Photo Credit: steven lawton/getty images
Lady Gaga started a storm of discussion online when she tweeted, “Just killed back to back spin classes. Eating a salad dreaming of a cheeseburger. #PopStarsDontEat #BornThisWay."
The responses fall into a couple of categories. One camp seems happy that at least she’s being honest about the amount of exercise and restrictive eating that is required to keep her shape (this camp is generally suspicious of the parade of very thin stars who claim that they eat whatever they want and never exercise).
The other group is concerned because Lady Gaga has 22,674,199 Twitter followers -- some of whom may be kids who want to grow up to be pop stars and would take her advice to heart, leading to unhealthy behaviors.
The fear that girls will develop an unhealthy relationship with food, exercise and their bodies is not an idle one. According to the non-profit National Association of Anorexia and Associated Eating Disorders, 42 percent of first-to-third grade girls want to be thinner and 81 percent of 10 year olds are afraid of being fat. This is more problematic because University of Minnesota research has found that dieting behaviors in adolescents predict eating disorders and long term weight gain -- they do not produce long term weight loss or “normal weight” adults at all.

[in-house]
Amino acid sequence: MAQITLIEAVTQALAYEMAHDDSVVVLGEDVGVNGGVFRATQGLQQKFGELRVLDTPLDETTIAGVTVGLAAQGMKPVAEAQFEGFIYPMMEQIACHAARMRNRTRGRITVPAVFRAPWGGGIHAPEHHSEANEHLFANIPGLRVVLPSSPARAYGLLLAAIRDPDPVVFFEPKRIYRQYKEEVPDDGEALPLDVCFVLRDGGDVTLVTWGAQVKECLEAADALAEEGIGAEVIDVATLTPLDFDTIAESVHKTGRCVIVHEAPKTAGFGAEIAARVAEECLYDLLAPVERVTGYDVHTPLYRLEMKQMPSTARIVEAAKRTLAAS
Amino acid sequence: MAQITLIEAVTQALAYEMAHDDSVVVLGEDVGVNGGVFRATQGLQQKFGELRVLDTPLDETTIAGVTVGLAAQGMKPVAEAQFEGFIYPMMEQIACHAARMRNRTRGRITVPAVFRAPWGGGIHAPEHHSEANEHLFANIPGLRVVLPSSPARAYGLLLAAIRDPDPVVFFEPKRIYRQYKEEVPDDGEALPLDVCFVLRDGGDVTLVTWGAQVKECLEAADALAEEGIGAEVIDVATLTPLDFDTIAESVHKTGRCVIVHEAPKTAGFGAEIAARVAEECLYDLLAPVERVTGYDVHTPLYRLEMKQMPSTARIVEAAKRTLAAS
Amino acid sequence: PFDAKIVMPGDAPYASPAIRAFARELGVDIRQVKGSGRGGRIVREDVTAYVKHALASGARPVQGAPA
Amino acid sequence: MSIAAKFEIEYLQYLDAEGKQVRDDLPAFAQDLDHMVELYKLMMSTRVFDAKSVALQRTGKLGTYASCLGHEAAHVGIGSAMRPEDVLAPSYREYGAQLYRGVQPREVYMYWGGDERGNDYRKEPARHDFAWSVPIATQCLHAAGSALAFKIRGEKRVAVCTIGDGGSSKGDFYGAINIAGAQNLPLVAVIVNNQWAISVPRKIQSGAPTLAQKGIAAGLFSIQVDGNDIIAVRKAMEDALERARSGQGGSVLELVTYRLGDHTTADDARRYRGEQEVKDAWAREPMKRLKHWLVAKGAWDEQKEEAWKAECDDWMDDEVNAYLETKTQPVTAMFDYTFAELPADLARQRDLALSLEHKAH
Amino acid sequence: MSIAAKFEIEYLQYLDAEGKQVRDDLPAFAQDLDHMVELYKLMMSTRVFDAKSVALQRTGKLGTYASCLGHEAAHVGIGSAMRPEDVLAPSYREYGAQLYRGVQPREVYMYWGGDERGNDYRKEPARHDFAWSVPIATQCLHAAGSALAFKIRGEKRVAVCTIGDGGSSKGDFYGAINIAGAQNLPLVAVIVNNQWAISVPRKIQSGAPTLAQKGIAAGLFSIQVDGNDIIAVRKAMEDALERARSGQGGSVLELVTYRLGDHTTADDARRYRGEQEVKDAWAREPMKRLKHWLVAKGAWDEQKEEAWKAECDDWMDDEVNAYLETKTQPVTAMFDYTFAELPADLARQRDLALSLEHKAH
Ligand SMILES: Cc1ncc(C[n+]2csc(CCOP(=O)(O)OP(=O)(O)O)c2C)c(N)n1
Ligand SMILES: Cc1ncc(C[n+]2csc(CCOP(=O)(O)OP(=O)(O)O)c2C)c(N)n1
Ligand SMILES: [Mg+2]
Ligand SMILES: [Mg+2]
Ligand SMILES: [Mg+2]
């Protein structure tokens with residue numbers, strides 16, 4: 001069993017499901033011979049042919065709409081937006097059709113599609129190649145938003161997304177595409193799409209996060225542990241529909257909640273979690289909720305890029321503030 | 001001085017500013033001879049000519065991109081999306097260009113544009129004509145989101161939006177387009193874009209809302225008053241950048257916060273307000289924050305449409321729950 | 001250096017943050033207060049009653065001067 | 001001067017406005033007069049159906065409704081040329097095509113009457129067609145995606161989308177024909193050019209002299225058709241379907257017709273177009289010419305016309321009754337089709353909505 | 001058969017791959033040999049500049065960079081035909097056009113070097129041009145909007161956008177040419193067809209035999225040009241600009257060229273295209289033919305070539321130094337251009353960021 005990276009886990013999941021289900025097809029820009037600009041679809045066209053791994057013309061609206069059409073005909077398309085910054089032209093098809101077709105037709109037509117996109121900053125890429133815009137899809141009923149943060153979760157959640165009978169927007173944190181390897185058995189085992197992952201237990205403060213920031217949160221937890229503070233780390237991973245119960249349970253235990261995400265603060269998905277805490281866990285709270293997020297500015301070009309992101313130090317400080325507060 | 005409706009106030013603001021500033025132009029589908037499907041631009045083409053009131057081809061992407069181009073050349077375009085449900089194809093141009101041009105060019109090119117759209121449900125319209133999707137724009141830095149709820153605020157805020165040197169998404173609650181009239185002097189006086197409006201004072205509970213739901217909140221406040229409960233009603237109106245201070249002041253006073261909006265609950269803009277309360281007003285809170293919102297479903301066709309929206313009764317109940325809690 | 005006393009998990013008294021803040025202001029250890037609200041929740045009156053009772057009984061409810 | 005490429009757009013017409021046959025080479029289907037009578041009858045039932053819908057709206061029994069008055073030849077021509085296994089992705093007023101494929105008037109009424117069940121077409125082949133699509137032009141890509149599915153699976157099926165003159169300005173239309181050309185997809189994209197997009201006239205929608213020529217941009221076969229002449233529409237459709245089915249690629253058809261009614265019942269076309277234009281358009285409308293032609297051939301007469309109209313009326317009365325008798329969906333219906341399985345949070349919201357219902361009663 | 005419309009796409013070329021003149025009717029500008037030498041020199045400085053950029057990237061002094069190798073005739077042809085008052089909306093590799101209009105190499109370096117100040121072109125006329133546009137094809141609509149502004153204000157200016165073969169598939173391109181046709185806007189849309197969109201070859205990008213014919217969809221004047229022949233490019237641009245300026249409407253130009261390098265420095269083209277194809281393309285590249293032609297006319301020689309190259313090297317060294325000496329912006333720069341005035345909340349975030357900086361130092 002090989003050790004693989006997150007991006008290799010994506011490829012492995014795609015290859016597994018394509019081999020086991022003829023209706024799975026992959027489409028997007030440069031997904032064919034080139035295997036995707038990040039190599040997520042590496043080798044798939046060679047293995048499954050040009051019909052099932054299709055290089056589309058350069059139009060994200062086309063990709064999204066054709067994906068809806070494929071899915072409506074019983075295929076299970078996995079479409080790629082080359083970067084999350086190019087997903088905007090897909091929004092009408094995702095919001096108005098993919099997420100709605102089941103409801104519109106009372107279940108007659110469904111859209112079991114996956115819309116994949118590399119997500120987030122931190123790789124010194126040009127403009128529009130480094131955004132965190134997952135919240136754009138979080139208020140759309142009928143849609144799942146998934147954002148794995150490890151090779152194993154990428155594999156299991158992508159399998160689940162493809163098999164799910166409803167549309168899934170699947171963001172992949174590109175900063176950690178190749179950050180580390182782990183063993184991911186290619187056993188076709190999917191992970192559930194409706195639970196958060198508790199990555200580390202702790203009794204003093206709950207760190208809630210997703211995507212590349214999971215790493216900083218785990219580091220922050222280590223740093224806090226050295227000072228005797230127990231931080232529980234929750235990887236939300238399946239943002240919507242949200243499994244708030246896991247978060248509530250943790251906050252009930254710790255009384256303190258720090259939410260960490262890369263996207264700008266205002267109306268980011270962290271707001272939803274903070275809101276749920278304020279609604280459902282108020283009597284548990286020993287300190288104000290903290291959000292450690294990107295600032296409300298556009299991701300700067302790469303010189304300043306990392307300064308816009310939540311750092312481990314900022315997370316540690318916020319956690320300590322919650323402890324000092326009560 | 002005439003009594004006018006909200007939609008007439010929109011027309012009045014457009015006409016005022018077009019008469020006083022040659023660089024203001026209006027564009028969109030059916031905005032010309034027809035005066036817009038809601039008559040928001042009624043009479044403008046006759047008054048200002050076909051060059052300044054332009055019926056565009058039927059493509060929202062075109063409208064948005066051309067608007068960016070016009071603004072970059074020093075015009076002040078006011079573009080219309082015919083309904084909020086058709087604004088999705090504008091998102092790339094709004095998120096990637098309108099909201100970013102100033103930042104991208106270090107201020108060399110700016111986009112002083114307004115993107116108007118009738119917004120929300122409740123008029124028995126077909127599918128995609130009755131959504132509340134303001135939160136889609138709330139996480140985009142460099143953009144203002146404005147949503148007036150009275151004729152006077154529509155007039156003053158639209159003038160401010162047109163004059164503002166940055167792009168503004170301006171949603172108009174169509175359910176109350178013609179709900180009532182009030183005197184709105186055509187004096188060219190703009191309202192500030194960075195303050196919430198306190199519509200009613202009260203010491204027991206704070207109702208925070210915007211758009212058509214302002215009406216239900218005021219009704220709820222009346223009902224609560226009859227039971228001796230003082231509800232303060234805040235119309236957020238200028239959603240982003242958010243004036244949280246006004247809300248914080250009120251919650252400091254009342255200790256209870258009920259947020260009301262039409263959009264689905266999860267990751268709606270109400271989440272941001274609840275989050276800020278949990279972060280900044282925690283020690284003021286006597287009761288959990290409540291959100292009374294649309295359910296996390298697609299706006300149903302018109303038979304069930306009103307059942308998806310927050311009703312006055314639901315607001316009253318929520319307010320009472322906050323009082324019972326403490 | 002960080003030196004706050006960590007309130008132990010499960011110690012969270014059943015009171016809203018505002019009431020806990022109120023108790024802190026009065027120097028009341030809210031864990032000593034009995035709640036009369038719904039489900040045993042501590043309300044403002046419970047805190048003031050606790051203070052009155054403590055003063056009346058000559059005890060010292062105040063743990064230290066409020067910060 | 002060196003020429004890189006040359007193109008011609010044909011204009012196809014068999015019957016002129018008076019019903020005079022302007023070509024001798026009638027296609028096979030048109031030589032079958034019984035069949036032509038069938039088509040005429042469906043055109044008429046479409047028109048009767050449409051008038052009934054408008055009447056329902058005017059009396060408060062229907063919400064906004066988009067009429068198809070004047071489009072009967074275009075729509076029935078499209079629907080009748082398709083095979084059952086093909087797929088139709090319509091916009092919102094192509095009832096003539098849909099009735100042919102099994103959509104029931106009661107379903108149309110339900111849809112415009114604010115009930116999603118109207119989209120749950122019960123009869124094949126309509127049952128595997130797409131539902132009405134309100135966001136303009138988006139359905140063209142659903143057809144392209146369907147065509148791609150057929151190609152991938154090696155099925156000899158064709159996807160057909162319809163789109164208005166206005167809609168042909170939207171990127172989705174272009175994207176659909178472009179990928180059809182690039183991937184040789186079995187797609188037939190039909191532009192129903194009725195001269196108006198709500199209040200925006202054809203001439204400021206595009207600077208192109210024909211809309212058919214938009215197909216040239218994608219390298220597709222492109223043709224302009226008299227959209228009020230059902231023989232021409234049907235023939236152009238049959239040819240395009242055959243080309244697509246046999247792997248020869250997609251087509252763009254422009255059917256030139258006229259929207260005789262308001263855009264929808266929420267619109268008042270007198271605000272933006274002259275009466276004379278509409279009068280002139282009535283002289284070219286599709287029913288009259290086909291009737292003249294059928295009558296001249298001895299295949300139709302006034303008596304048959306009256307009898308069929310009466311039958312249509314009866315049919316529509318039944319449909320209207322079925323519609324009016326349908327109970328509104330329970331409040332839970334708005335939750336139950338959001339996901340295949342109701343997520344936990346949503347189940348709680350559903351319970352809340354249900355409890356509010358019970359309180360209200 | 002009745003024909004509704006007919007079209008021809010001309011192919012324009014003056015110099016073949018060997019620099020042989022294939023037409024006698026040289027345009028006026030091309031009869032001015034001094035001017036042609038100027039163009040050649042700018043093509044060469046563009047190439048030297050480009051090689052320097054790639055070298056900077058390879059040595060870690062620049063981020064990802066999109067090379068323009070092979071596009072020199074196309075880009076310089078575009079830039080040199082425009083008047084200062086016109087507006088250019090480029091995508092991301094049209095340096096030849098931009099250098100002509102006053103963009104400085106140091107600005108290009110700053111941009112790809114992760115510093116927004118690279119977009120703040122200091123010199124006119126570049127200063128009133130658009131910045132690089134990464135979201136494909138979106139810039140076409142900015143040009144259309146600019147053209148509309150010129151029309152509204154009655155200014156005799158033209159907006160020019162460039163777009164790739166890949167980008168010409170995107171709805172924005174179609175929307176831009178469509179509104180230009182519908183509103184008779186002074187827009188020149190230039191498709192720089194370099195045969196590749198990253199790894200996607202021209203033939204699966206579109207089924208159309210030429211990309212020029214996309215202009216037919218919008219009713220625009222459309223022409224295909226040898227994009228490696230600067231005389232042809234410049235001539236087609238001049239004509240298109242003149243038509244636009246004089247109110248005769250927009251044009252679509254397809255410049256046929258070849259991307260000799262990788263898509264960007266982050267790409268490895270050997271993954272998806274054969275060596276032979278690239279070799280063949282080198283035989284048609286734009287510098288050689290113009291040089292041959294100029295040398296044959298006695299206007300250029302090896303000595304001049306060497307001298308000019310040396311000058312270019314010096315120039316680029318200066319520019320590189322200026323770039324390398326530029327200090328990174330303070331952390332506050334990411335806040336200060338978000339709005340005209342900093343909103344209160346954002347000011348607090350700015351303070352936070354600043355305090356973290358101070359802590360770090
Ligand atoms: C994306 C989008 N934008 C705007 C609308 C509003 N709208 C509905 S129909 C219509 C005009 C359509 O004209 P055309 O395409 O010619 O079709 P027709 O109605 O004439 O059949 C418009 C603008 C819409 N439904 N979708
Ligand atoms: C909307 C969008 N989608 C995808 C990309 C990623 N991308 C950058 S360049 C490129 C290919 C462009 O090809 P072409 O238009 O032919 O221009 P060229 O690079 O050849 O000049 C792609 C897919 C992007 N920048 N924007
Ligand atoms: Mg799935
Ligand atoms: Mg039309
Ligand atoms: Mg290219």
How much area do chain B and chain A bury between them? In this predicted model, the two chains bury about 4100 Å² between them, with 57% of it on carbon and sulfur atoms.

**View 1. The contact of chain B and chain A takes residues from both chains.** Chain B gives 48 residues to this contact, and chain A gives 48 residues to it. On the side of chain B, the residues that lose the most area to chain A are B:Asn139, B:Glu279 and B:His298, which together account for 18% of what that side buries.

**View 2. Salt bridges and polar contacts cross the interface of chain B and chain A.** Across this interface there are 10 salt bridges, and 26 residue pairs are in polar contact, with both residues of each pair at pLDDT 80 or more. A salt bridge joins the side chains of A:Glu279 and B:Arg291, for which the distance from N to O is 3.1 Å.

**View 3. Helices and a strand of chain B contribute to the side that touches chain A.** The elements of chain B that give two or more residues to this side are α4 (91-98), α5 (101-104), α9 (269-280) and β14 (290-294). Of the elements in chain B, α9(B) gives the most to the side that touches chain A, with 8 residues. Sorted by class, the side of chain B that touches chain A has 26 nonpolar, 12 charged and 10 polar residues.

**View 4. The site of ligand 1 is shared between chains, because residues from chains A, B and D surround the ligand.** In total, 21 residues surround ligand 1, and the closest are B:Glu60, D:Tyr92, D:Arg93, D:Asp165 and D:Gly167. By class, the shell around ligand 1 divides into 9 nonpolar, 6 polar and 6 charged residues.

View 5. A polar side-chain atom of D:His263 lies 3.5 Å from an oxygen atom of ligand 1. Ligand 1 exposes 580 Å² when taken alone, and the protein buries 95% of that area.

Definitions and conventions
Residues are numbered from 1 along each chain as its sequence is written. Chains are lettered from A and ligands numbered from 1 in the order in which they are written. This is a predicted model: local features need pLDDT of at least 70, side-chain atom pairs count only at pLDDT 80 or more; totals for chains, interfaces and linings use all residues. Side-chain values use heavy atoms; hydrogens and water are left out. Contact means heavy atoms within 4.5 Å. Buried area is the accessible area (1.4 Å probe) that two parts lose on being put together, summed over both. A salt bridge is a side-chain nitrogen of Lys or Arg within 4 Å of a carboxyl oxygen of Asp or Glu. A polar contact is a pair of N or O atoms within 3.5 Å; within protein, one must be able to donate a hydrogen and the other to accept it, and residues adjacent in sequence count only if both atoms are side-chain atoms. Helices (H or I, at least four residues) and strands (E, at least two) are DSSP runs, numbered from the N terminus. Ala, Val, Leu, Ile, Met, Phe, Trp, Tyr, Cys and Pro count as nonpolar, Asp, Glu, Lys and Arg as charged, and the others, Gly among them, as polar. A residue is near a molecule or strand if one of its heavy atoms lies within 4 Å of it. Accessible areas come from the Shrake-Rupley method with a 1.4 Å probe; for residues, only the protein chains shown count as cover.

Meanwhile, Miley Cyrus was also criticized for not eating (but smelling) a cheeseburger this week. Seriously. Apparently she has gluten and lactose allergies and said "I can't eat it. So I'm just gonna smell the s*** out of it!” The eating disorder accusations soon followed.
I think that we’ve taken our eye off the ball. The problem occurs when we try to eat and exercise to manipulate our body size rather than to achieve other goals -- our singers should worry more about their ability to actually sing than their ability to be perfect. Seriously, think about how obsessed we are. Is the fact that Miley Cyrus smells a cheeseburger, or that Lady Gaga doesn’t eat one, really news?